The most significant moments in Rugby League in 2019 (30 to 21)

Part three of our countdown…

30 Warrington win the Challenge Cup

Warrington Wolves produced a supreme effort to shock St Helens at Wembley on 24 August, defeating their neighbours 18-4 to finally win a trophy for their coach Steve Price after they had suffered defeats in both the Challenge Cup Final and the Grand Final in 018.
But it was a final tinged with controversy, as St Helens scored what looked like a legitimate try by Morgan Knowles early in the game. Knowles appeared to touch down Theo Fages’ grubber into the Warrington in-goal, but referee Robert Hicks surprisingly disallowed the try without going to the video-referee.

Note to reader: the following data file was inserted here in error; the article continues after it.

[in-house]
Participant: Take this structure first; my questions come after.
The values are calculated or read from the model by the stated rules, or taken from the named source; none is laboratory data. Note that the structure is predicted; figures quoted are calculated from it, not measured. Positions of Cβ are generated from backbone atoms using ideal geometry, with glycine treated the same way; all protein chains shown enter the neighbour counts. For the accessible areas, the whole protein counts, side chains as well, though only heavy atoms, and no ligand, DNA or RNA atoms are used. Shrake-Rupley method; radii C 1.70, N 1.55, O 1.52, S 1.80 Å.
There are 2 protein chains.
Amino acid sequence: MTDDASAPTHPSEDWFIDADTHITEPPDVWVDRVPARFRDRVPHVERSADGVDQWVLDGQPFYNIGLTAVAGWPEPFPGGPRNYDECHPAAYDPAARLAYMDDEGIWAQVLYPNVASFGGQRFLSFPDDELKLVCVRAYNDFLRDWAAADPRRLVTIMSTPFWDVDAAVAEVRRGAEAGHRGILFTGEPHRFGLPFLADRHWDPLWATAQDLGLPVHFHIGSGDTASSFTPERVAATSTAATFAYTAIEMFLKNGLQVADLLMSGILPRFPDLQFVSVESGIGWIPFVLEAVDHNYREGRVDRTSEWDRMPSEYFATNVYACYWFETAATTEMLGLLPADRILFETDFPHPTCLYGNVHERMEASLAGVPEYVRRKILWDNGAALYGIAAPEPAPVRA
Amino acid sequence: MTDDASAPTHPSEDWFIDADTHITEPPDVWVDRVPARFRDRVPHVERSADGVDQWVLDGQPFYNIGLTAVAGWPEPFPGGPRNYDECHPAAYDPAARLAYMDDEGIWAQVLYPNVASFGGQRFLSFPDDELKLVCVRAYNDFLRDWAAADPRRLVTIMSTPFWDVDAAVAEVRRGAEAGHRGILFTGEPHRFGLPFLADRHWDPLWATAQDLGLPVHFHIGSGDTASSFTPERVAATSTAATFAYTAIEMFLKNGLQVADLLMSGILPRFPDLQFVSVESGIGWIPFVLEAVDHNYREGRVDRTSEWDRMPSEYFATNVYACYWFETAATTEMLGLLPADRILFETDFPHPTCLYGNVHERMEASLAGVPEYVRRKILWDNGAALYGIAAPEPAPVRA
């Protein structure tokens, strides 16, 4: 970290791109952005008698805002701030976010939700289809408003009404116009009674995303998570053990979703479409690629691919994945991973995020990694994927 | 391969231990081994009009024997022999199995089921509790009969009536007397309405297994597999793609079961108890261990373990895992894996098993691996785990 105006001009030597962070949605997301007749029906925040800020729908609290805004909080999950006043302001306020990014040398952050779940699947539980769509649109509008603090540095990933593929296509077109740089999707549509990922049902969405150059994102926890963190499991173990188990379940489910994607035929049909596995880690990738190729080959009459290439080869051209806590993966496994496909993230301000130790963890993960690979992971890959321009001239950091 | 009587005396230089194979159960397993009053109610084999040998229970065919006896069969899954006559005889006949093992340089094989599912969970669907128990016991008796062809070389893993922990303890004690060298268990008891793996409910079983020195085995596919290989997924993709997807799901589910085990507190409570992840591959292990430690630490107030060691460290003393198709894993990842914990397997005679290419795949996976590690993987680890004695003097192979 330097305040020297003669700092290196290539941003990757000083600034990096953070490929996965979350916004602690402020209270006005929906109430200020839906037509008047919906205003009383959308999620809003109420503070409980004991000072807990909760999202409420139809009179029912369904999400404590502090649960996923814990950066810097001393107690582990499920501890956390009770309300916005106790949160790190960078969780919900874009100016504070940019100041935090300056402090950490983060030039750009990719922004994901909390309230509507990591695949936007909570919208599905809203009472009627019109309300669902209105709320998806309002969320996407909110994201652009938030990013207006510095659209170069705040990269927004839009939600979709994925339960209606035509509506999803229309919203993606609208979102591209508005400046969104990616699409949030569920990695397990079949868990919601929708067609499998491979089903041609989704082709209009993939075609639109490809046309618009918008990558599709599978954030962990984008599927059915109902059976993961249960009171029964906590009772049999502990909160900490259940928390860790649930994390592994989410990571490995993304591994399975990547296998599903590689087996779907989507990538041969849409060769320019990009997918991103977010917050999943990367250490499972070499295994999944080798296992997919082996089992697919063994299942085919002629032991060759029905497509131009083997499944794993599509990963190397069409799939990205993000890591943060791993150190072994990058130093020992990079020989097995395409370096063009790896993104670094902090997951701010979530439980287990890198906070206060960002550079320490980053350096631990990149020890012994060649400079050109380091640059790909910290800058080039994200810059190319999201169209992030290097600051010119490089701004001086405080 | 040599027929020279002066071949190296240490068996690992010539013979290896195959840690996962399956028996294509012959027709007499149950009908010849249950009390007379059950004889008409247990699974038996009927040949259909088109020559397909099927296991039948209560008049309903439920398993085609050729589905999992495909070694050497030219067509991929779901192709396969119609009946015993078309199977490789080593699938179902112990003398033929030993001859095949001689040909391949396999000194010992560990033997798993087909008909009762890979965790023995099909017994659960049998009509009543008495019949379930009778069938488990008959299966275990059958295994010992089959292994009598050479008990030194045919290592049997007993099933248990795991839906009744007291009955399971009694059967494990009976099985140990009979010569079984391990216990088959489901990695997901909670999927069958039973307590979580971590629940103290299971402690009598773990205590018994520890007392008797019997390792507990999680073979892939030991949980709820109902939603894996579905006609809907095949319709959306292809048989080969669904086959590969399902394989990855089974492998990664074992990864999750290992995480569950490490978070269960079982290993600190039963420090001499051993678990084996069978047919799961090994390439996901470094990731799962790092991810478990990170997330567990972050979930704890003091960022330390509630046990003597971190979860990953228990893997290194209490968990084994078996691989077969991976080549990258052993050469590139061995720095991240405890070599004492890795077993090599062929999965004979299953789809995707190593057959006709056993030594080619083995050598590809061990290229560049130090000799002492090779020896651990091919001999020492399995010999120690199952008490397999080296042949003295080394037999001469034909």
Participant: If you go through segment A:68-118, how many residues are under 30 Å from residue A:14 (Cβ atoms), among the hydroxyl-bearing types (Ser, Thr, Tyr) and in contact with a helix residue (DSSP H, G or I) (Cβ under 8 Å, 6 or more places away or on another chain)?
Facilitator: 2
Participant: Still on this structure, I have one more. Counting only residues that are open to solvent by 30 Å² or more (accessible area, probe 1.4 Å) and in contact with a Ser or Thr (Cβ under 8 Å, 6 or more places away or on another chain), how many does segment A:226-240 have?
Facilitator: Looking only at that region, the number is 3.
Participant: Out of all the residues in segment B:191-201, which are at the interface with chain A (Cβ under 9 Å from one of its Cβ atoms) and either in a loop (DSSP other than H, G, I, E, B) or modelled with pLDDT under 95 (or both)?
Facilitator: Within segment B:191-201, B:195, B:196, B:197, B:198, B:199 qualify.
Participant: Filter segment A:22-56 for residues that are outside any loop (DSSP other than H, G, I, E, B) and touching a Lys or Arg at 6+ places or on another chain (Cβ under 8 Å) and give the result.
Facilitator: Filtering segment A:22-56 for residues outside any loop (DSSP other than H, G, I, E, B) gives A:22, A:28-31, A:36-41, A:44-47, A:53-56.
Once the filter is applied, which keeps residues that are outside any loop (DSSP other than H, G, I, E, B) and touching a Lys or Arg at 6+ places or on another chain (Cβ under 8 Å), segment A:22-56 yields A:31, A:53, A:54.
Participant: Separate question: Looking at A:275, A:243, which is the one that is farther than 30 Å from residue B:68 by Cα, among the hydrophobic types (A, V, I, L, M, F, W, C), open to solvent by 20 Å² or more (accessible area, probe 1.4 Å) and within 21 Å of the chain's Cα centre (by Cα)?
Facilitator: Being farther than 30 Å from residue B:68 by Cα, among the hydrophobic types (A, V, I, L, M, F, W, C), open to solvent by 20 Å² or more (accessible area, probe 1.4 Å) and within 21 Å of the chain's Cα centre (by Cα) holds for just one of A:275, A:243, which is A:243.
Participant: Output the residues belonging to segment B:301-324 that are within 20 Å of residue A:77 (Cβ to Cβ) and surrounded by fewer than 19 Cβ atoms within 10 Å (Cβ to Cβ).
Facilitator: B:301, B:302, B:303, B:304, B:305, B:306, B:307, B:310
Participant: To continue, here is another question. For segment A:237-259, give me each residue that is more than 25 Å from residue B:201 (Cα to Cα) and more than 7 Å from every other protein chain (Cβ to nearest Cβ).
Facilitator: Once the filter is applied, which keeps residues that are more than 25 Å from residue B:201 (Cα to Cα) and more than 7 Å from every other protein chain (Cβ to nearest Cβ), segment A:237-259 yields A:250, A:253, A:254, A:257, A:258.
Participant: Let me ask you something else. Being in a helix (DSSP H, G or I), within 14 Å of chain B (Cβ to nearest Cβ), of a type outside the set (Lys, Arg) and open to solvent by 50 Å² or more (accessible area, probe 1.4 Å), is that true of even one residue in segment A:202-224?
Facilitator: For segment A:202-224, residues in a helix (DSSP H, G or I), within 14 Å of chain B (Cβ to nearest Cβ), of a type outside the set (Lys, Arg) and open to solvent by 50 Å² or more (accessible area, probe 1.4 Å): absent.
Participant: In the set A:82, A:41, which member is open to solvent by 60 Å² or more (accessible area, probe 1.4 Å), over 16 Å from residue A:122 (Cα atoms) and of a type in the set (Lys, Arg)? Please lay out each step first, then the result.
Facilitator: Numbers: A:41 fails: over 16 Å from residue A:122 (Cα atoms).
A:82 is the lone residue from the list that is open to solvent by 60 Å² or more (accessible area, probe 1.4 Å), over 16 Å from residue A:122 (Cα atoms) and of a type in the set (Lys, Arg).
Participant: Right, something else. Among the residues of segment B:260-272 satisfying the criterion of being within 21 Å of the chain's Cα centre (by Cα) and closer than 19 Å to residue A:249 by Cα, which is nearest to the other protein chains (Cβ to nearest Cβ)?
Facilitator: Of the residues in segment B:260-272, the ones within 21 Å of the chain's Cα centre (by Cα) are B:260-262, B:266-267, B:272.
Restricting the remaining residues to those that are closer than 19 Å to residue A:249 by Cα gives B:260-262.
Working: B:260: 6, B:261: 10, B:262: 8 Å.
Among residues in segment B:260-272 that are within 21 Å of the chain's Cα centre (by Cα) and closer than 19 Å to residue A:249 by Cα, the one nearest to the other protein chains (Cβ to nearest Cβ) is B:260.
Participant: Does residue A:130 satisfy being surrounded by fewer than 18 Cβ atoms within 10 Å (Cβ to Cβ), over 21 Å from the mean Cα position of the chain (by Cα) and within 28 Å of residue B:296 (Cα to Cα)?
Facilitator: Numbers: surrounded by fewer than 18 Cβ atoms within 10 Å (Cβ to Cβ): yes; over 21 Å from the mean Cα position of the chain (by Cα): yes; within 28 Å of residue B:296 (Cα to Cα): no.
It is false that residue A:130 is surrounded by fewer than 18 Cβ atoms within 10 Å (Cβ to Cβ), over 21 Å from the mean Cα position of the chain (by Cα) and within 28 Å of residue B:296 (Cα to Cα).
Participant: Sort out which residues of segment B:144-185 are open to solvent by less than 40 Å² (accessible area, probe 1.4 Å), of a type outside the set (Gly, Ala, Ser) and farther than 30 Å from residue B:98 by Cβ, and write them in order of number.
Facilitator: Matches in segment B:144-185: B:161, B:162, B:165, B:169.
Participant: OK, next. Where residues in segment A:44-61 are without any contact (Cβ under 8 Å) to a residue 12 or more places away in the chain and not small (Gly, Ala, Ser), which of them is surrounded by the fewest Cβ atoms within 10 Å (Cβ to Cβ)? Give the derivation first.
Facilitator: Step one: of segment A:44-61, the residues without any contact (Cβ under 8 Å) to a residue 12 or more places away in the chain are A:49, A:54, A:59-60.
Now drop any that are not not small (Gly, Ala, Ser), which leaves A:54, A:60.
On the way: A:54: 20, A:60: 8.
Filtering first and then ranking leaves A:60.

St Helens were unable to recover from the decision as Warrington gradually asserted their superiority on the day, with tries from Joe Philbin and Ben Murdoch-Masila. They pulled back a try by Fages in the second half, but when Wolves hooker Daryl Clark scored the decisive try on 72 minutes it not only won the Cup for Warrington, but the Lance Todd Trophy for Clark himself.
Their Challenge Cup victory turned out to be the high point of the Wolves’ season, while St Helens would go on to win the Super League Grand Final.

29 Luke Thompson wins Harry Sunderland Trophy

St Helens prop forward Luke Thompson emphasised his status as perhaps the leading young forward in the game by winning the Harry Sunderland Trophy at Old Trafford for his performance as Saints defeated Salford Red Devils.
Thompson was the first prop forward to win the Harry Sunderland trophy since Any Platt won it for Wigan in 1992.